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Liberalisation of the Geo-Spatial Sector

  • 16 Feb 2021
  • 7 min read

Why in News

Recently, the Ministry of Science and Technology released new guidelines for the Geo-Spatial Sector in India, which deregulates existing protocol and liberalises the sector to a more competitive field.

Key Points

  • Geo-Spacial Data:
    • Geospatial data is data about objects, events, or phenomena that have a location on the surface of the earth.
      • The location may be static in the short-term, like the location of a road, an earthquake event, malnutrition among children, or dynamic like a moving vehicle or pedestrian, the spread of an infectious disease.
    • It combines Information on:
      • Location,
      • Attribute (the characteristics of the object, event, or phenomena concerned),
      • Temporal or time.
    • The past decade has seen an increase in the use of geo-spatial data in daily life with various apps such as food delivery, e-commerce or even weather apps.
  • Current State of the Geo-Spatial Sector:
    • Strict Restriction:
      • There are strict restrictions on the collection, storage, use, sale, dissemination of geo-spatial data and mapping under the current regime.
    • Renewal:
      • The policy had not been renewed in decades and has been driven by internal as well as external security concerns.
    • Dominated by Government:
      • The sector so far is dominated by the Indian government as well as government-run agencies such as the Survey of India and private companies need to navigate a system of permissions from different departments of the government (depending on the kind of data to be created) as well as the defence and Home Ministries, to be able to collect, create or disseminate geo-spatial data.
  • New Policy:
    • Open Access:
      • Open access to its geospatial data and services, including maps, for all Indian entities, with the exception of sensitive defence or security-related data.
    • Restrictions Removed:
      • Indian corporations and innovators are no longer subject to restrictions nor do they require prior approvals before they collect, generate, prepare, disseminate, store, publish, update digital geospatial data and maps within the territory of India.
        • There shall be no requirement for security clearance, licence or any other restrictions.
  • Reason for Deregulation of Geo-Spacial Data:
    • Delayed Projects:
      • System of acquiring licenses or permission, and the red tape involved, took months, delaying projects, especially those that are in mission mode – for both Indian companies as well as government agencies.
      • The deregulation eliminates the requirement of permissions as well as scrutiny, even for security concerns. Indian companies now can self-attest, conforming to government guidelines without actually having to be monitored by a government agency- these guidelines therefore place a great deal of trust in Indian entities.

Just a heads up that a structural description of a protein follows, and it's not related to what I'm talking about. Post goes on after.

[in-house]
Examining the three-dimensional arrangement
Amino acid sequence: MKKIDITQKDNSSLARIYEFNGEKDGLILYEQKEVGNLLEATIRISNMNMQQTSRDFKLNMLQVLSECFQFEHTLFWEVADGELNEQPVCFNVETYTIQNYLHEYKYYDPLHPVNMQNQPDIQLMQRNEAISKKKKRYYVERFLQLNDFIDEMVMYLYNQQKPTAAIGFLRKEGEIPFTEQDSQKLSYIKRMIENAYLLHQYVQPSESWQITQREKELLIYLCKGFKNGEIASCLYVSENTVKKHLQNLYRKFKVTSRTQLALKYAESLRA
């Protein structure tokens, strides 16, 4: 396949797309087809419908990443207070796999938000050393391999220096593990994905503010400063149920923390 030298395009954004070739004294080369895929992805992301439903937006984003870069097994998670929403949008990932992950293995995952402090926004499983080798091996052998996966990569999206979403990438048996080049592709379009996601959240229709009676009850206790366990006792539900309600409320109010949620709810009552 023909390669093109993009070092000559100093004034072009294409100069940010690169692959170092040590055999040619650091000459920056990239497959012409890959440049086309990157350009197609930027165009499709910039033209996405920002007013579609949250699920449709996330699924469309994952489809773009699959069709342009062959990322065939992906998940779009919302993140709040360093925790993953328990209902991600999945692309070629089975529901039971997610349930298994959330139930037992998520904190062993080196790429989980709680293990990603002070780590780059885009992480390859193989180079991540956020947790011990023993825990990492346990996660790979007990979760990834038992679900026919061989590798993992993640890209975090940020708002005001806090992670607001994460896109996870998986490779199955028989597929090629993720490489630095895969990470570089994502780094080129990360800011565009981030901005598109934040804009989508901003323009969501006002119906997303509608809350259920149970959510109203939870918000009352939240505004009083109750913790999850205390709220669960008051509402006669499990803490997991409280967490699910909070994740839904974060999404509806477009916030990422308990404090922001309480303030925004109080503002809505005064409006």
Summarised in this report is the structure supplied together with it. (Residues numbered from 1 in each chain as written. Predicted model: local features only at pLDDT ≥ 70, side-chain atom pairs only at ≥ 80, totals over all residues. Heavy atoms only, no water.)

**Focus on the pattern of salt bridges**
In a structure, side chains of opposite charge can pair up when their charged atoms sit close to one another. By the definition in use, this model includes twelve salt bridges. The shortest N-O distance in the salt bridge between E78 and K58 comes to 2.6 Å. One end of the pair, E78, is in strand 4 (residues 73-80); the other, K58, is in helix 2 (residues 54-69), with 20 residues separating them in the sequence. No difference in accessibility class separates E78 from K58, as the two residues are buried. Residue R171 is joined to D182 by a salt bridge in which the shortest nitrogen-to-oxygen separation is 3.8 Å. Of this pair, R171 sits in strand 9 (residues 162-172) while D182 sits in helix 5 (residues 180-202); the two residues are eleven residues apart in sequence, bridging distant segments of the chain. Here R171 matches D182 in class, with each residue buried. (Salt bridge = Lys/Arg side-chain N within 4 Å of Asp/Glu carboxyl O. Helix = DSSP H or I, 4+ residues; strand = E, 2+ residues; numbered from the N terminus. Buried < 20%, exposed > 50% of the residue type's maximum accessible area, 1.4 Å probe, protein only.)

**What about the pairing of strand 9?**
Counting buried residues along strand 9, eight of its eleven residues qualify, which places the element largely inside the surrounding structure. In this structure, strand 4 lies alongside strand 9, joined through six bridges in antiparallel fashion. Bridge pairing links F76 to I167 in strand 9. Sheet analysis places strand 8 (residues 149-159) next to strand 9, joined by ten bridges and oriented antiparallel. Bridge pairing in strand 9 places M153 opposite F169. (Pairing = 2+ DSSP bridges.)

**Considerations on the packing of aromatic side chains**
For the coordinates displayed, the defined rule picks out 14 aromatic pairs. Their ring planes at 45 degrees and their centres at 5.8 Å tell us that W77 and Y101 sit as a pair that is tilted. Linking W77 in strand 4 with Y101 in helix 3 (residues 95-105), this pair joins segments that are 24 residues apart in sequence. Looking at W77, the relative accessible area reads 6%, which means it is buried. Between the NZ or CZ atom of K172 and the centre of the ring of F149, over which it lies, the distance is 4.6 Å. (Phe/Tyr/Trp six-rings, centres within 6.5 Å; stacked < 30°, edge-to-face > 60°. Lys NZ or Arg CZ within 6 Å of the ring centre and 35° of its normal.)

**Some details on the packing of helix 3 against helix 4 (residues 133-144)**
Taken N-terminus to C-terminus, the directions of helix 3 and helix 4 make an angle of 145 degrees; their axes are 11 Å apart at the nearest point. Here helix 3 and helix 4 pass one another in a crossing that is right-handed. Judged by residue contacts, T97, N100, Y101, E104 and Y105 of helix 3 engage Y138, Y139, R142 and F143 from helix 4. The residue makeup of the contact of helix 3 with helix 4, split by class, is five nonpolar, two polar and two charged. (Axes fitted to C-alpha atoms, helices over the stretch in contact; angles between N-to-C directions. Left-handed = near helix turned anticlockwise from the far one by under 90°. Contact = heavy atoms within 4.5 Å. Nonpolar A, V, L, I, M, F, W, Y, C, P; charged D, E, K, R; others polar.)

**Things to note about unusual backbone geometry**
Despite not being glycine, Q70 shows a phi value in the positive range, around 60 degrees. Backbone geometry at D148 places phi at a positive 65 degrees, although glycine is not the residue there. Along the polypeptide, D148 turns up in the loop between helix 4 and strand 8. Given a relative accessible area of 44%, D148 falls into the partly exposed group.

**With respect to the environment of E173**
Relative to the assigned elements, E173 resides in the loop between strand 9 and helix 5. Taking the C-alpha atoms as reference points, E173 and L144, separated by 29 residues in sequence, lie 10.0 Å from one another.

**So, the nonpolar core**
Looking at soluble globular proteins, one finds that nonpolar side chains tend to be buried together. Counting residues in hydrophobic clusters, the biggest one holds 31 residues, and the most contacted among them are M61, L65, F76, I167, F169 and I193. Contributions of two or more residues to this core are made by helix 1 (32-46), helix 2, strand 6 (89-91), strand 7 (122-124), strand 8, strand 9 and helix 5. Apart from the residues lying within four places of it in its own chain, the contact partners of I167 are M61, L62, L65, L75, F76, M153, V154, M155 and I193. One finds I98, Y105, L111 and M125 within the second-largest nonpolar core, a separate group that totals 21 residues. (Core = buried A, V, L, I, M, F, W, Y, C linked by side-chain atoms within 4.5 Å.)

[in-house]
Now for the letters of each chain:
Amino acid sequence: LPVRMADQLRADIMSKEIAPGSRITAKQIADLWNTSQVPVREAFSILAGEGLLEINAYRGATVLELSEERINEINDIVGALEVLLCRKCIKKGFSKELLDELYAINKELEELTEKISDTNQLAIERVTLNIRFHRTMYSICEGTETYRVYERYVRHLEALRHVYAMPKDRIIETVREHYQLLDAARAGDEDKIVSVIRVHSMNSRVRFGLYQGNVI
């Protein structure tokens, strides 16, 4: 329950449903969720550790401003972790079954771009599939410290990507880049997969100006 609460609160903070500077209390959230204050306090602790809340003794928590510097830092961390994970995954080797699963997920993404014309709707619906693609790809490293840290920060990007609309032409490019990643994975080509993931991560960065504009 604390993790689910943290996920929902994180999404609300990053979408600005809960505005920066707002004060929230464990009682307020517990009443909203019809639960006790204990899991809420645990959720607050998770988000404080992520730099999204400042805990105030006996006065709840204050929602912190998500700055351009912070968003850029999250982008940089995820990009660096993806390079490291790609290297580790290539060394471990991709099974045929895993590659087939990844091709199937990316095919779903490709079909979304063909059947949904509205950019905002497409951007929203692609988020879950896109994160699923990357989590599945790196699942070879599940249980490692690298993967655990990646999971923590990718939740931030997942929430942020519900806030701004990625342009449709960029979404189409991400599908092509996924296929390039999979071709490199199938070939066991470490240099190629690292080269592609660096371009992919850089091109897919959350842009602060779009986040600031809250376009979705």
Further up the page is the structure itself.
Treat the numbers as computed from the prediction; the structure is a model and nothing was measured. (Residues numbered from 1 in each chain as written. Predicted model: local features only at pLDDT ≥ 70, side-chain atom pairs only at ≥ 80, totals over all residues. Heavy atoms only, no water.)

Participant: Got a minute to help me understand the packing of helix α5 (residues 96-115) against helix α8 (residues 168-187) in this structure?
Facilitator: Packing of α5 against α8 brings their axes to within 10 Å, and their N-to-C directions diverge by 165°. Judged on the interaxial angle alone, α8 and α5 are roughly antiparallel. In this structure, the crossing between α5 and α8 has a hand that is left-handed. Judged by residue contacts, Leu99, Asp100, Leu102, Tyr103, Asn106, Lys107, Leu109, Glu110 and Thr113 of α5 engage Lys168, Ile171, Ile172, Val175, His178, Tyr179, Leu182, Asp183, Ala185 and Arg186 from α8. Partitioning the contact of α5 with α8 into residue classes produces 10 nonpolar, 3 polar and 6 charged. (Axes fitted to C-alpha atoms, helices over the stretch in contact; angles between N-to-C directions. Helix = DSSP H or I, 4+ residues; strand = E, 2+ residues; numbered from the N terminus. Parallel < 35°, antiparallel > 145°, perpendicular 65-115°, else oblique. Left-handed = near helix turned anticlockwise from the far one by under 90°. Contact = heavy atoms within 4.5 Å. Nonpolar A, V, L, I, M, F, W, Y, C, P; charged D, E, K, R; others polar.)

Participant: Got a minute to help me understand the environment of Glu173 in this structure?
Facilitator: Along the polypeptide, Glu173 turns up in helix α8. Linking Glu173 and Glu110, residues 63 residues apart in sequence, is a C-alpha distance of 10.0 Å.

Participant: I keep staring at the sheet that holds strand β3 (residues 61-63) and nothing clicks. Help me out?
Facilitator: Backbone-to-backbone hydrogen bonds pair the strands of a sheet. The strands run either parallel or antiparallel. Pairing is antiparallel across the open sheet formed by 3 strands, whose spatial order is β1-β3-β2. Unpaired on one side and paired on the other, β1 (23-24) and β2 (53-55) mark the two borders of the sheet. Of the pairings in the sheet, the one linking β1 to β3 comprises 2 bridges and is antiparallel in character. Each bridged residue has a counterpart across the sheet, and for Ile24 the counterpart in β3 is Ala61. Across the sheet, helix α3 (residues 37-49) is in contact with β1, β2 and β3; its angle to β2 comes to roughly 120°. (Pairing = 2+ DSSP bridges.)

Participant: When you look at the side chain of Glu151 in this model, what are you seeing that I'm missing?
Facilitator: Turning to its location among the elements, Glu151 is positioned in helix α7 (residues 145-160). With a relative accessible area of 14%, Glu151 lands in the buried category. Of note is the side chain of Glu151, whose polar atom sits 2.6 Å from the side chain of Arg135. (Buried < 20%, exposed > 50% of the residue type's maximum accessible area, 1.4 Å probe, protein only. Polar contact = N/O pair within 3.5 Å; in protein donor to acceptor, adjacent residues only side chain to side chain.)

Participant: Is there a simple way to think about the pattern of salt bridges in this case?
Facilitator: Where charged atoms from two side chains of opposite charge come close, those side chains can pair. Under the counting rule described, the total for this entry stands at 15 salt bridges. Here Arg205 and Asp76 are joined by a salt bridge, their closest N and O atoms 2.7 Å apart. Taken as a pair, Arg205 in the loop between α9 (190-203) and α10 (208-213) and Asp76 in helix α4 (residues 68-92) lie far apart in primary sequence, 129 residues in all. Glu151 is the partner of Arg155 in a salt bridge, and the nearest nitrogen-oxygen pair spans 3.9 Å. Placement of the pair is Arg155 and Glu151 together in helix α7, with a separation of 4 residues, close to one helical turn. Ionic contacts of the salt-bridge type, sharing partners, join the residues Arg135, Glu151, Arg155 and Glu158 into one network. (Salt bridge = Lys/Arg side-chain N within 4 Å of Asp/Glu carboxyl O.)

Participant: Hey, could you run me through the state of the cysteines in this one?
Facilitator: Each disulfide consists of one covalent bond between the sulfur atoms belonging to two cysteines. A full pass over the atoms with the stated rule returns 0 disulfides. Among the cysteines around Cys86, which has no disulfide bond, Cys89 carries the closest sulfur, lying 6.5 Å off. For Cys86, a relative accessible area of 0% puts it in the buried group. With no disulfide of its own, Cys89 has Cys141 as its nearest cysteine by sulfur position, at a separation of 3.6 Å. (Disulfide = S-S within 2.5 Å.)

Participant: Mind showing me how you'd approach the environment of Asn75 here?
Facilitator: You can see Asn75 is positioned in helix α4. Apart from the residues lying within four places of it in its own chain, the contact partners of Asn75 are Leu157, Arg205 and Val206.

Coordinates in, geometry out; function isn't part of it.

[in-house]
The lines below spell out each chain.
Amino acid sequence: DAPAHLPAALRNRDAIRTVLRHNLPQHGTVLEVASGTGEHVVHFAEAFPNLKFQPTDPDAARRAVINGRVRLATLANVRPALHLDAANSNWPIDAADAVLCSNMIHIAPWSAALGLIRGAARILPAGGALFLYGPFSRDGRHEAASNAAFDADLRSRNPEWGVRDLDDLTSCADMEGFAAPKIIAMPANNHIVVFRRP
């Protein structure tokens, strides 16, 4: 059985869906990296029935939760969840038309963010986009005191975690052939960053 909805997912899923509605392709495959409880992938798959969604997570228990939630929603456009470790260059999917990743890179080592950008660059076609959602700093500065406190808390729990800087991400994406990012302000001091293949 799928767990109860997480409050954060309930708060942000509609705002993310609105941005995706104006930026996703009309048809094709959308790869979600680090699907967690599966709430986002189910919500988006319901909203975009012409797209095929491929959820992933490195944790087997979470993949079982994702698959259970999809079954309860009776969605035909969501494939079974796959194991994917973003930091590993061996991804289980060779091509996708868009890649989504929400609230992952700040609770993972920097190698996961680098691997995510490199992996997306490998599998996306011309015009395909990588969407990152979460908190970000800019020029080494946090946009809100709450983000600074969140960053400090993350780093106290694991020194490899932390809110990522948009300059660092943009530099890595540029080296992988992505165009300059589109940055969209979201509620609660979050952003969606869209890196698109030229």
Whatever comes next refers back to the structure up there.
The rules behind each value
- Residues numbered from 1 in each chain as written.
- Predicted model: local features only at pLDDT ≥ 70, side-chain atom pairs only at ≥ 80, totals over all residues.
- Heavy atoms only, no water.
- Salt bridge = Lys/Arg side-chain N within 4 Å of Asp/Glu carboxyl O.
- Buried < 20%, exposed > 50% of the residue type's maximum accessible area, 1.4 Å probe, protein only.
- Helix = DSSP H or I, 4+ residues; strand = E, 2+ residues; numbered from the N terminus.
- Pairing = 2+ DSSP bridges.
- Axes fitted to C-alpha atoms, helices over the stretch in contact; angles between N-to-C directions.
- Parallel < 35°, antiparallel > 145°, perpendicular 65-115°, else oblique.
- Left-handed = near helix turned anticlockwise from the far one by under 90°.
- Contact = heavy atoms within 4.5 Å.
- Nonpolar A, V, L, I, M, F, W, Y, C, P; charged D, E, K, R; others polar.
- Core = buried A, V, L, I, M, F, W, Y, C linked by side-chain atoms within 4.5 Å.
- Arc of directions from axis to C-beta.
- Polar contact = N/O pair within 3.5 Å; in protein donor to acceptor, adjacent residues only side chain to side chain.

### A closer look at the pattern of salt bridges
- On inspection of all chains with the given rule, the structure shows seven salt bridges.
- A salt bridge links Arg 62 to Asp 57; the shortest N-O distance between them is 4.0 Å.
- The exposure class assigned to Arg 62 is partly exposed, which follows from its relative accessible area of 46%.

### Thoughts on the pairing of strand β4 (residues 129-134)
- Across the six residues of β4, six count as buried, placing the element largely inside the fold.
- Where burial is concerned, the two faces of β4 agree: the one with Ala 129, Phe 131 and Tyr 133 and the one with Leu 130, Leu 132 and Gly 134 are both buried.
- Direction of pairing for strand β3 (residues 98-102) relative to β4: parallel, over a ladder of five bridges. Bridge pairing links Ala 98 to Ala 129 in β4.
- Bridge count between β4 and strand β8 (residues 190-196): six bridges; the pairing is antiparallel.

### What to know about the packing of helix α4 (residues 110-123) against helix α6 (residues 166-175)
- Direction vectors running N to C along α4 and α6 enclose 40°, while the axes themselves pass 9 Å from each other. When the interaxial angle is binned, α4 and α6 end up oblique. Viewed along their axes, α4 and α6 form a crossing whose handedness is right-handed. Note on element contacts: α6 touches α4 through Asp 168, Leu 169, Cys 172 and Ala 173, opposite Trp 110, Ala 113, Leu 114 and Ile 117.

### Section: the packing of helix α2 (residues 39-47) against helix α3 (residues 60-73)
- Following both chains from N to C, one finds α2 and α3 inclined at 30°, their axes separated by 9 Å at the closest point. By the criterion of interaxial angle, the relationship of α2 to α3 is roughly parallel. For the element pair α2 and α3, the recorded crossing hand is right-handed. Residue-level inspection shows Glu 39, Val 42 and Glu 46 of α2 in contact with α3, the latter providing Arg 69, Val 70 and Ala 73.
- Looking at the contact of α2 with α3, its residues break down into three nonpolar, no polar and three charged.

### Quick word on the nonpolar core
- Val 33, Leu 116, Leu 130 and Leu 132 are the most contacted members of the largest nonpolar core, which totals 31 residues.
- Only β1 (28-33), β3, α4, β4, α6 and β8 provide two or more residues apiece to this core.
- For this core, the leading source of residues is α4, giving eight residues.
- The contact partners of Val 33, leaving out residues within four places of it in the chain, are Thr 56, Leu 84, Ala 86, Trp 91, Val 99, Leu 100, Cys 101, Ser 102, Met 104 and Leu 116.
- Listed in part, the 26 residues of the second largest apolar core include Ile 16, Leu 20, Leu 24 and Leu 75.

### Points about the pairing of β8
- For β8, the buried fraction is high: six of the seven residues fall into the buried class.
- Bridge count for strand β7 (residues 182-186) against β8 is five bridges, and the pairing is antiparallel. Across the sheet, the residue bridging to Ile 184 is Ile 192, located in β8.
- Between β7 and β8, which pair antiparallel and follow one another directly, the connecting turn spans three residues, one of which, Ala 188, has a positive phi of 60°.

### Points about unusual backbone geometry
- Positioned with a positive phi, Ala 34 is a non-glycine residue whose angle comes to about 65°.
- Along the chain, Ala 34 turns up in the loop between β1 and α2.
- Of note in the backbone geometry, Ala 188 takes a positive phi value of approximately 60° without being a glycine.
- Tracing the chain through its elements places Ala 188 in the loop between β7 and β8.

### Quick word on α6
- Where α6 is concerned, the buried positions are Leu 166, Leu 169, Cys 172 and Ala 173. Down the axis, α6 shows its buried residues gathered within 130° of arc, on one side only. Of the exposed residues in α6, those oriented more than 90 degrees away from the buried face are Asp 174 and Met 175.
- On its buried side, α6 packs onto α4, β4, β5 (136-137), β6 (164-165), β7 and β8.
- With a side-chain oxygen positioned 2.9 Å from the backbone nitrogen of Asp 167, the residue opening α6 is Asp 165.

• Lack of Data:
      • There is also a huge lack of data in the country which impedes planning for infrastructure, development and businesses which are data-based.
      • The mapping of the entire country, that too with high accuracy, by the Indian government alone could take decades.
      • The government therefore felt an urgent need to incentivise the geo-spatial sector for Indian companies and increased investment from private players in the sector.
    • Changing Needs:
      • For decades, geo-spatial data has been a priority for strategic reasons and for internal and external security concerns, this priority has seen a shift in the past 15 years.
      • Initially conceptualised as a matter solely concerned with security, geo-spatial data collection was the prerogative of the defence forces and the government.
      • Geo-spatial data has now become imperative for the government in planning for infrastructure, development, social development, natural calamities as well as the economy, with more and more sectors such as agriculture, environment protection, power, water, transportation, communication, health (tracking of diseases, patients, hospitals etc) relying heavily on this data
    • Global Push:
      • There has also been a global push for open access to geo-spatial as it affects the lives of ordinary citizens.
      • Large amounts of geo-spatial data are also available on global platforms, which makes the regulation of data that is freely available in other countries, untenable.
  • Impact of Deregulation:
    • Increased Competitiveness:
      • By liberalising the system, the government will ensure more players in the field, competitiveness of Indian companies in the global market, and more accurate data available to both the government to formulate plans and administer, but also for individual Indians.
    • New Employment:
      • Startups and businesses can now also use this data in setting up their concerns, especially in the sector of e-commerce or geo-spatial based apps – which in turn will increase employment in these sectors.
      • Indian companies will be able to develop indigenous apps.
    • Increased Public-Private Partnership:
      • There is also likely to be an increase in public-private partnerships with the opening of this sector with data collection companies working with the Indian government on various sectoral projects.
    • Increased Investment:
      • The government also expects an increase in investment in the geo-spatial sector by companies, and also an increase in export of data to foreign companies and countries, which in turn will boost the economy.


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